Q:  I work with a big staff (or organization).  A couple errors on my part shouldn’t be any big deal.  After all, everyone makes mistakes.

A: Actually, the actions of a single care giver may have a profound effect on an overall RAC review and create financial penalties for the provider far in excess of the pre-RAC denials process.

Consider a large therapy staff in a SNF with 10% of the therapists, for whatever reason, providing inadequate documentation in the review period.  The error rate of these poorly documenting therapists is 20% for a particular type of claim.  Therefore, the overall error rate of total  services is 20% of 10% or 2%.  But, if in the RAC review, if these poorly documenting therapists have greater visibility, say 30% of the reviewed claims, the extrapolation could go like this:  30% of the therapist have an error rate 20% of the time.  Therefore the overall error rate of the services, according to the RAC audit is 20% of 30% or 6% – three times greater than the actual error rate.  As the RAC software is proprietary as sanctioned by CMS, it is unknown as to what extent any RAC has the ability to produce an accurate extrapolation.  But, since they are paid based upon the money they recover (see below), their incentive is undeniably to make the recovery as large as possible and the extrapolation as favorable as possible to them,  to the detriment of the provider.  Its easy to see how any provider or staff will only be as strong as its weakest link, as individual errors may exacerbate the predicted overall error rate.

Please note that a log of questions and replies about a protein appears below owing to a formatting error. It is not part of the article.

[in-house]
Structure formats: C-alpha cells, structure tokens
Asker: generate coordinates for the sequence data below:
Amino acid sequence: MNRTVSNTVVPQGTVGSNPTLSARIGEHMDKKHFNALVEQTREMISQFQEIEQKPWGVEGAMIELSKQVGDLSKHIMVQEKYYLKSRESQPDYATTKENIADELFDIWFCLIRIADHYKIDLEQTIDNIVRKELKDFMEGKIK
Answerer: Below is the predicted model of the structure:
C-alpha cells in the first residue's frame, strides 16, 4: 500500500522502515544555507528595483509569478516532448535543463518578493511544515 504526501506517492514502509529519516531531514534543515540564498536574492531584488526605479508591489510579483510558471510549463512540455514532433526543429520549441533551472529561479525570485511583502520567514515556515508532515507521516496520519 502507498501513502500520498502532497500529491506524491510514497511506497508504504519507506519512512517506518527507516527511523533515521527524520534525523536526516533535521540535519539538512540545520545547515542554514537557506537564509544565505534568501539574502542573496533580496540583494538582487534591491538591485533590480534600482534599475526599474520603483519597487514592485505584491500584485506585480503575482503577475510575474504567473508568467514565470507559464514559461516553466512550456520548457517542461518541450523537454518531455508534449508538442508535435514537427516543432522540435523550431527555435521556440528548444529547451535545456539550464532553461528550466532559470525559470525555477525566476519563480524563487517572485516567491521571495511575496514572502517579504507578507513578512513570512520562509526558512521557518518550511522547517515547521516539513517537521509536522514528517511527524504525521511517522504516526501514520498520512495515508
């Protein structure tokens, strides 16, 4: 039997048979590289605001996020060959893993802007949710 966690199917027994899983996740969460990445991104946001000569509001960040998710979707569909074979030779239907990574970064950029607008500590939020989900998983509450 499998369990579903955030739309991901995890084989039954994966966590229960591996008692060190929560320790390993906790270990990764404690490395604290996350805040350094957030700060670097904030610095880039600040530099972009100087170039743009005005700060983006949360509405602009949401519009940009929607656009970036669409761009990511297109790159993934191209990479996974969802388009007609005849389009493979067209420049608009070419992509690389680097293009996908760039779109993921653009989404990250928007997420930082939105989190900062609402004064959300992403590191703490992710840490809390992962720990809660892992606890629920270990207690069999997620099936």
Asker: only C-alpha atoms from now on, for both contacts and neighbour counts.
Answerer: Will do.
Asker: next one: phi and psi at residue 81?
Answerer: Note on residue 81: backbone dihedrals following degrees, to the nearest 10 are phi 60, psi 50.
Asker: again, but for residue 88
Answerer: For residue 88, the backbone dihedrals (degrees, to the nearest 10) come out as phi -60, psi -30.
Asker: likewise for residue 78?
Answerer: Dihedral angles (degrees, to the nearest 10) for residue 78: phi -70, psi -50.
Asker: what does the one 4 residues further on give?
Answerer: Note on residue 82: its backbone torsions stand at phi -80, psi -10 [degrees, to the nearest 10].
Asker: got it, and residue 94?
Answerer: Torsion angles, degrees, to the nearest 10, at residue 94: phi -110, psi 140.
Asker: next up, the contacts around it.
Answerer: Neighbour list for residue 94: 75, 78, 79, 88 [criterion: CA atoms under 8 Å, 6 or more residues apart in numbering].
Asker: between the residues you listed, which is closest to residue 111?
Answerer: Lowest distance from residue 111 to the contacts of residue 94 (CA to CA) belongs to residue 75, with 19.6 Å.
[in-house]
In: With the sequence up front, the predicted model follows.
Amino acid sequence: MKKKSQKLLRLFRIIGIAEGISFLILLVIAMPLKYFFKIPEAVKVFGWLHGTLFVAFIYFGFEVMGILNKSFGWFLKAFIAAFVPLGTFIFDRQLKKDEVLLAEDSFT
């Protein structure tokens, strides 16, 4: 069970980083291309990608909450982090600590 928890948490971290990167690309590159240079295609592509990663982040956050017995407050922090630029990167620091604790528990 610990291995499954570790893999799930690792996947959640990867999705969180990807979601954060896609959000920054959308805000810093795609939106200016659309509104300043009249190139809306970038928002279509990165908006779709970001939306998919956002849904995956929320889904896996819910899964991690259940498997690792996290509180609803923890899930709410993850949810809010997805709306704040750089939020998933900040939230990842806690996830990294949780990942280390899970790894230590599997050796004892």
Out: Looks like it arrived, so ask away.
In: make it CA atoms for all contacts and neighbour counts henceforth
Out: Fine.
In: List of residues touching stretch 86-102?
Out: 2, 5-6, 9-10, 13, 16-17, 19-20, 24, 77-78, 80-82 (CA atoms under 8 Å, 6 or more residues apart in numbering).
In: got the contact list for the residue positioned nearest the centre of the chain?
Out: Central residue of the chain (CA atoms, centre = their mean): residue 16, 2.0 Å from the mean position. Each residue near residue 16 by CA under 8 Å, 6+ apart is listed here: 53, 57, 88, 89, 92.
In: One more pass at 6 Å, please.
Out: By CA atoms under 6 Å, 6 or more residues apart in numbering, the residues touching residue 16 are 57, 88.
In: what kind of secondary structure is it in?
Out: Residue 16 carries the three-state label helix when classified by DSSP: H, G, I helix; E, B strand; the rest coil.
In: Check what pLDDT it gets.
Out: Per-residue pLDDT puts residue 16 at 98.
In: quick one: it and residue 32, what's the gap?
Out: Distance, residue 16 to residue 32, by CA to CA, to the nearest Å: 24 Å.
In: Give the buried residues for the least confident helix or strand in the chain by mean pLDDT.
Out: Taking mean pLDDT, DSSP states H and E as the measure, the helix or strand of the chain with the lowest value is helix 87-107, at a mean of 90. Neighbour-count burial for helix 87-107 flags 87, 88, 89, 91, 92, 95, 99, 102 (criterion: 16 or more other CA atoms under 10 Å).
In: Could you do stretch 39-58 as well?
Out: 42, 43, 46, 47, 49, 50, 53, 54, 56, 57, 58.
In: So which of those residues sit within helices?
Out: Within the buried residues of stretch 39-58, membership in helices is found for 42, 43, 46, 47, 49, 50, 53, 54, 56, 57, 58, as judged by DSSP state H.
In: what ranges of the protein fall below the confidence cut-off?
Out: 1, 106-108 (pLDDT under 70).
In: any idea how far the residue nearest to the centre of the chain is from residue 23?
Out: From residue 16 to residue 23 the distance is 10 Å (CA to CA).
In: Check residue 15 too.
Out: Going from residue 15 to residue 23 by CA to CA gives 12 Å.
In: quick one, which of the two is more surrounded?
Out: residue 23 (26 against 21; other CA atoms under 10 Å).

Q:  How are RACs paid for their services?

A: The RACs will be paid on a contingency fee basis on both the overpayments and underpayments they find.  In other words, they don’t get paid unless they find something wrong with the claim(s) and recover money.  This will likely make the approach “aggressive”.  It is interesting to note that CMS and OIG typically frown on contingent collection payments for providers and suppliers, but the RAC approach at least tacitly acknowledges that contingent fee arrangements (or percent of collections) are the most effective approach.

Q:  What’s my best defense?

A: Quality documentation (as always).  Additionally, providers should enhance their documentation training, reviews and internal audits.  Individual care givers continue their unique responsibility to ensure their documentation is at the highest level and to take the professional responsibility to constantly improve their documentation skills.  Moreover, weak links in any staff need the attention and direction of its more senior members as after all, you are all in the same fox hole, and their errors have the possibility of affecting the group in a meaningful way.   Finally, professionals need to stay at the cutting edge of changes in CMS’ requirements.   As example, when the change occurs next year around new documentation and billing standards for concurrent therapy,  you have to get it right – right from the beginning – or you will create low hanging fruit for the RAC.